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3. Nihilism

Plato, with whose thought metaphysics begins, understood beings as such, that is, the Being of beings, as "Idea. " The ideas are the one in the many, which first appears in the light of the many and only in so appearing is. As this unifying one, the ideas are also at the same time the permanent, the true, in contrast with the fluctuating and semblant. Conceived in terms of the metaphysics of will to power, the ideas must be considered as values; and the supreme unities must be thought as the uppermost values. Plato himself clarifies the essence of the idea in terms of the highest idea, the idea of the good (agathon). For the Greeks, however, "good" meant what makes a thing good for something, and thus makes it possible. The ideas, as Being, make beings good for visibility; it makes them be present, that is, makes them be beings. From that time, Being, as the unifying one in all metaphysics, has had the character of "condition of possibility." With his determination of Being as objectiveness (objectivity), Kant rendered this character of Being an interpretation defined by the subjectivity of the "l think." On the basis of the subjectivity of will to power, Nietzsche comprehended these conditions of possibility as "values. "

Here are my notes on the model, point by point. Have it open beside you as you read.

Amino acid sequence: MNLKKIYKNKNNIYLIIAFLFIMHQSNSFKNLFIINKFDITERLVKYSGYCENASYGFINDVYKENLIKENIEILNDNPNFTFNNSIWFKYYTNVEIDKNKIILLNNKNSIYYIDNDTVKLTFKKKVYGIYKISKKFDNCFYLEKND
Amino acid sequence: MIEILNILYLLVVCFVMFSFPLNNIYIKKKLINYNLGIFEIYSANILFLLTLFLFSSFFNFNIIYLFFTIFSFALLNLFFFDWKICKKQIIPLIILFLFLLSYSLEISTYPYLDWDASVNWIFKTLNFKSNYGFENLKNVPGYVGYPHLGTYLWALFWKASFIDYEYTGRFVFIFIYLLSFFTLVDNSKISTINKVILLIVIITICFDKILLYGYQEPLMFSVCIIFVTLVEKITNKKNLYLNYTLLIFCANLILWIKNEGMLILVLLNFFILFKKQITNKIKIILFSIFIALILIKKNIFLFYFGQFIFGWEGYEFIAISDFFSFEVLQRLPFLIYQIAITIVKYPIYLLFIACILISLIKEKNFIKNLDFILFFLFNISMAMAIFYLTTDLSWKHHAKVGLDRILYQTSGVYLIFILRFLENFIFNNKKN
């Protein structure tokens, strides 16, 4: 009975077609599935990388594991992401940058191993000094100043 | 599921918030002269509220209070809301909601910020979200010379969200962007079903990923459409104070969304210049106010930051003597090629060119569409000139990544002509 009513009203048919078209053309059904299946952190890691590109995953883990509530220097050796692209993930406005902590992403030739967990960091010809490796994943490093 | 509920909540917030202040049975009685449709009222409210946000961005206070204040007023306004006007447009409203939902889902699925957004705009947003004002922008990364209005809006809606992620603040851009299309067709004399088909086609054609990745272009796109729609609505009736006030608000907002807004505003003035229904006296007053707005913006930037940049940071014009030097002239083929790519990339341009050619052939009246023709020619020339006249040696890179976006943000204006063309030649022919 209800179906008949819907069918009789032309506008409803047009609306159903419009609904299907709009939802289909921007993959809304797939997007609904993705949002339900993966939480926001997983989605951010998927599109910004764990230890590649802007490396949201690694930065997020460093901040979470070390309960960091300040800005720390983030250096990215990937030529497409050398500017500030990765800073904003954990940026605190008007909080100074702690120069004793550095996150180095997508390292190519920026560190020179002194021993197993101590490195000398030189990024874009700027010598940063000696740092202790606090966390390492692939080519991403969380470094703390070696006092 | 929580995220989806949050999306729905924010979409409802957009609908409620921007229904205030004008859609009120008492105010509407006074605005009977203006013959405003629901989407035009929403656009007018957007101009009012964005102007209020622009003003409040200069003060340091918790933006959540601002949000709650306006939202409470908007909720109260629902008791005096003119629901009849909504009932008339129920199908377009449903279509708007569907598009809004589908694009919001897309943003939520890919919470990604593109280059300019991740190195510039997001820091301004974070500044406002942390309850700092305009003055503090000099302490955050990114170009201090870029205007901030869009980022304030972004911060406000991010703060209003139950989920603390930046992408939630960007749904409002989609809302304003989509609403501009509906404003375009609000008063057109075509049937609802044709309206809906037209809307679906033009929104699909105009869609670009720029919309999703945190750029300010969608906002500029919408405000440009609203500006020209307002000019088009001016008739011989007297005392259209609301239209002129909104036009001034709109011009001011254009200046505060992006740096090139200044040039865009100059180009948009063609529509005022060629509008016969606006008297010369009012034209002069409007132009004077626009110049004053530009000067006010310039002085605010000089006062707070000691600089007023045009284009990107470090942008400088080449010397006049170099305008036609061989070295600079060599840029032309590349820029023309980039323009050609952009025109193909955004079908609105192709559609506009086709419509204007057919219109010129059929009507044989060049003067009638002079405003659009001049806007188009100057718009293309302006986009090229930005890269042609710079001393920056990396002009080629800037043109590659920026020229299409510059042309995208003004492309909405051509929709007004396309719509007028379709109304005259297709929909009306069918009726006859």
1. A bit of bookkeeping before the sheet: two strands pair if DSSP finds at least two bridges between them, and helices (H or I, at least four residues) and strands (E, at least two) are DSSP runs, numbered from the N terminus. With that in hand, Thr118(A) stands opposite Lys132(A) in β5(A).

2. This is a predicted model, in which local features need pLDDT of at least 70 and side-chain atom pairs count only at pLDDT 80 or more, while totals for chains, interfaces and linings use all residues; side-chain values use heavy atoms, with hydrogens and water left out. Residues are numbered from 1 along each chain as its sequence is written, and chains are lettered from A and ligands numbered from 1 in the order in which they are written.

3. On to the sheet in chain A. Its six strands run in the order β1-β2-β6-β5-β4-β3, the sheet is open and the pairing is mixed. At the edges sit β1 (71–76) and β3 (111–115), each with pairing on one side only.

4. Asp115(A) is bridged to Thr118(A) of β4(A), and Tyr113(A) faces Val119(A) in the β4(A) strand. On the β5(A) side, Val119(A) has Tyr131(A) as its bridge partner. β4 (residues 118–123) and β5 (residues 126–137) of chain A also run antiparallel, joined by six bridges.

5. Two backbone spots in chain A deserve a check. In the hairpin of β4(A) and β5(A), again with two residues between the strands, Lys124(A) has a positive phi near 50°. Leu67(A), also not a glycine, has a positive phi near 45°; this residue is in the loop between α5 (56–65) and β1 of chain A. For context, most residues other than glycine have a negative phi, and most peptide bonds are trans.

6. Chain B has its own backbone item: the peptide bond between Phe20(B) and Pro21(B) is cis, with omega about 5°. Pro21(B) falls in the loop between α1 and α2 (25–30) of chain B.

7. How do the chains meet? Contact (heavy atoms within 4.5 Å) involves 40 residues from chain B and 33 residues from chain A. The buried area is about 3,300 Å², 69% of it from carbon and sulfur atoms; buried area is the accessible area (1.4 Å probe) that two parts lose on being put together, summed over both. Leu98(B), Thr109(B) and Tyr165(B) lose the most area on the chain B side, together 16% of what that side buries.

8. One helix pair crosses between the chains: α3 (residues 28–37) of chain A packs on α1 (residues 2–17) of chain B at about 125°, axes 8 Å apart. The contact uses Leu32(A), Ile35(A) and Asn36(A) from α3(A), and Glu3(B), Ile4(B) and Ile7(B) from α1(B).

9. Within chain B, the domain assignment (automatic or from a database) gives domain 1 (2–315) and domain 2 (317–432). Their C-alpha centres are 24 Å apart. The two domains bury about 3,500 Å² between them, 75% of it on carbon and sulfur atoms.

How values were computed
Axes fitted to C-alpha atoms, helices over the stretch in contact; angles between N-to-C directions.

Yet Plato's concept of the good did not contain value thinking. Plato's "Ideas" are not values; for the Being of beings is not yet projected as will to power. Nonetheless, on the basis of his own fundamental metaphysical position, Nietzsche can regard the Platonic interpretation of beings, the "Ideas," and therefore the suprasensuous, as values. Under this interpretation, all philosophy since Plato becomes the metaphysics of values. Beings as such and as a whole are conceived in terms of the suprasensuous, which at the same time is recognized as true being, whether it be God, as the Christian Creator


Martin Heidegger (GA 6 II) Nihilism as Determined by the History of Being - Nietzsche 4